But take him to the beach and he goes into full-on protection mode.
Simon goes straight for the shade of an umbrella – and onto a beach towel whether or not one is free – whereas Garfunkel makes a point of sitting five to ten metres away facing outwards.
He stares at every passer-by intently and suspiciously, takes the high-ground if it’s available and scans all the approach routes: it’s stressful work, he never drinks on the job, and he’s knackered by the time he gets home.
Garfie is our security guard, our close protection, and despite his calm demeanour, his warning barks could accurately be described as spine-chilling.
Even Simon, who only keeps his top dog status through age and Garfie’s good nature, prances with annoyingly more confidence knowing the big dog has his back.
So with these instincts already running through his blood it’s not surprising that he likes bagpipe music, even if he’s not terribly sure why.
One question you may have at this point is why on earth I was listening to bagpipe music in the first place, and this brings us on to another close-protection gentle-giant who has sadly passed away far too young.
I first met Michael “The R” Rautenbach in Cape Town with our friend Roger who recently came to stay, and it was the video clip from his wake which featured the lone piper playing the lament Flower of the Forest.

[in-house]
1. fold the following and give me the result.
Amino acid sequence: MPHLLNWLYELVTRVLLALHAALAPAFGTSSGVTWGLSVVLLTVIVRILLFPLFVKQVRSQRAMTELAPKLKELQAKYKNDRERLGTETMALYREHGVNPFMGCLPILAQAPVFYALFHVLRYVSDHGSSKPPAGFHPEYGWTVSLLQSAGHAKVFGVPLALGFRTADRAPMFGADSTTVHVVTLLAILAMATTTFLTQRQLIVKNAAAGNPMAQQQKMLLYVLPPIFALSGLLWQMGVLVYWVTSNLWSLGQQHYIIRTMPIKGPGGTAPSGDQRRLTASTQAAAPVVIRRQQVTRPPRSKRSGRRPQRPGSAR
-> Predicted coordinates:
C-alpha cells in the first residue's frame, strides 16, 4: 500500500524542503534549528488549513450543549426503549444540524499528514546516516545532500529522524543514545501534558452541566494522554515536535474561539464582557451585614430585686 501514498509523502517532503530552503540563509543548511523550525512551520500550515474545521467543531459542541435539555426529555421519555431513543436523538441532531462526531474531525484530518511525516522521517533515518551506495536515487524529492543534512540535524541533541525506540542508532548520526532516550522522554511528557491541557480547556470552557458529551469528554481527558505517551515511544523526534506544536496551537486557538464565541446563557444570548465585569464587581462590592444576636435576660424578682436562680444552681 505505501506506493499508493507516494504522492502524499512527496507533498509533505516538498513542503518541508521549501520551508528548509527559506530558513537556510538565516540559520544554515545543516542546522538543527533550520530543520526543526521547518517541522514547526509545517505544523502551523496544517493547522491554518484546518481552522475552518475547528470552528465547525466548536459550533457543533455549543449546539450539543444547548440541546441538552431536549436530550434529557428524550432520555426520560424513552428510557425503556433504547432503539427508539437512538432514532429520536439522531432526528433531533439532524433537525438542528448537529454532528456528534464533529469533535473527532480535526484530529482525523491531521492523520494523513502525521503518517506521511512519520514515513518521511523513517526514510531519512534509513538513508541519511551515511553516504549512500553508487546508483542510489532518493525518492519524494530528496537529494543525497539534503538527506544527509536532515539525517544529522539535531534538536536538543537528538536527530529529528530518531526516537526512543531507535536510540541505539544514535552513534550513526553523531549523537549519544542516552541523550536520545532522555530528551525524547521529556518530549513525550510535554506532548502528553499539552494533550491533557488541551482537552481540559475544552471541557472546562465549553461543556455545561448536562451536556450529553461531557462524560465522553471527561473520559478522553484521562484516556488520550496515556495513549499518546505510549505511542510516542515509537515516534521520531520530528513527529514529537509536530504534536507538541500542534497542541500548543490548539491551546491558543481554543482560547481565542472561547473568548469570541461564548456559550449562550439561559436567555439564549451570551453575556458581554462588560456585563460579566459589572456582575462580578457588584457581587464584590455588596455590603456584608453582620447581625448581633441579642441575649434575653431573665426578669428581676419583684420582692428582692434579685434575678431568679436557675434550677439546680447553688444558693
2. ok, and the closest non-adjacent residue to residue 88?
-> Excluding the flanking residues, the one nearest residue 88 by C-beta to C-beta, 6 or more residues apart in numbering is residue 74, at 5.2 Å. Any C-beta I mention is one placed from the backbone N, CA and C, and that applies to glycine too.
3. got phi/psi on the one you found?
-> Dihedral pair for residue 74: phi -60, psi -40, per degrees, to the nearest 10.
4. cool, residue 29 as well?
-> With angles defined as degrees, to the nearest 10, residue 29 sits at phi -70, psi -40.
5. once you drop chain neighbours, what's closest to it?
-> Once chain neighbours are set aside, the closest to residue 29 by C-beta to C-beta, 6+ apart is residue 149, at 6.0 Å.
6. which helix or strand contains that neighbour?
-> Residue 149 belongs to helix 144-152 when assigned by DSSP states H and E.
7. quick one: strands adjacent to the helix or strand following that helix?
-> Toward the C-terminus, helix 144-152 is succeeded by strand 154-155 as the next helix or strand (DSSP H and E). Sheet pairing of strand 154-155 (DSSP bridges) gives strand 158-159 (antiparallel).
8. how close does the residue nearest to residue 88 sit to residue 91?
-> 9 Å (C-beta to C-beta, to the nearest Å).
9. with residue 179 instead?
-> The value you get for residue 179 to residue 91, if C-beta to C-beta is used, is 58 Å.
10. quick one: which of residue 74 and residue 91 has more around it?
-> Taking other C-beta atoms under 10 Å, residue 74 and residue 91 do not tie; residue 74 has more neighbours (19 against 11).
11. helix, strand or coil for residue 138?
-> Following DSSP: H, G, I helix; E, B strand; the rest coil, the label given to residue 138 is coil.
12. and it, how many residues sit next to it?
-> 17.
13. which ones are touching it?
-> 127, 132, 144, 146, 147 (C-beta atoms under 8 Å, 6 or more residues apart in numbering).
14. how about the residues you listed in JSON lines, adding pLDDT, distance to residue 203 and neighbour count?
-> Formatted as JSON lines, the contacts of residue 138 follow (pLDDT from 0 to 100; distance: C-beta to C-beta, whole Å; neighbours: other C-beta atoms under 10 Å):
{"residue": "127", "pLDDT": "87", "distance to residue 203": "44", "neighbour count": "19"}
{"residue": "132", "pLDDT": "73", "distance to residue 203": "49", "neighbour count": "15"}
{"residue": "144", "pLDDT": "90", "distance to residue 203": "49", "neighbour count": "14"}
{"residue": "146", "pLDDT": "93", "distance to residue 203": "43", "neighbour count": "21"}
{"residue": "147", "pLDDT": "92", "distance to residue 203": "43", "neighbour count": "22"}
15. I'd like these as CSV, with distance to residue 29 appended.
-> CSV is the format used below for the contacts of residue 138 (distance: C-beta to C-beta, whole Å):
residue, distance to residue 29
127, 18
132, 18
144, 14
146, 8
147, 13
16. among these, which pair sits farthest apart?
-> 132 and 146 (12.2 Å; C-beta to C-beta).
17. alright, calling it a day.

“Rautie” was a legend: Roger’s business partner in the security business, an ex-special forces, anti-drugs officer in South Africa who Ana and I were lucky enough to spend some time with...particularly in the Cape winelands and occasionally at our Dog & Hound bar in Nairobi.
In the days before he died of a heart attack at 58 after years of heart trouble, Roger and he had been discussing an upcoming visit to see us in Vale das Estrelas.
It was such a terrible shame we didn’t get the chance to braai with Michael one last time and to share a Portuguese wine tasting or three.
Wine tasting is not top of my list this weekend after an amazing couple of days in Estremoz in the winelands of inland Alentejo.
One of our favourite wineries is Howard’s Folly in the centre of the historic walled city and the occasion was Howard’s 60th birthday – a two day party with hugely generous quantities of food and wine from hosts Howard & Susie.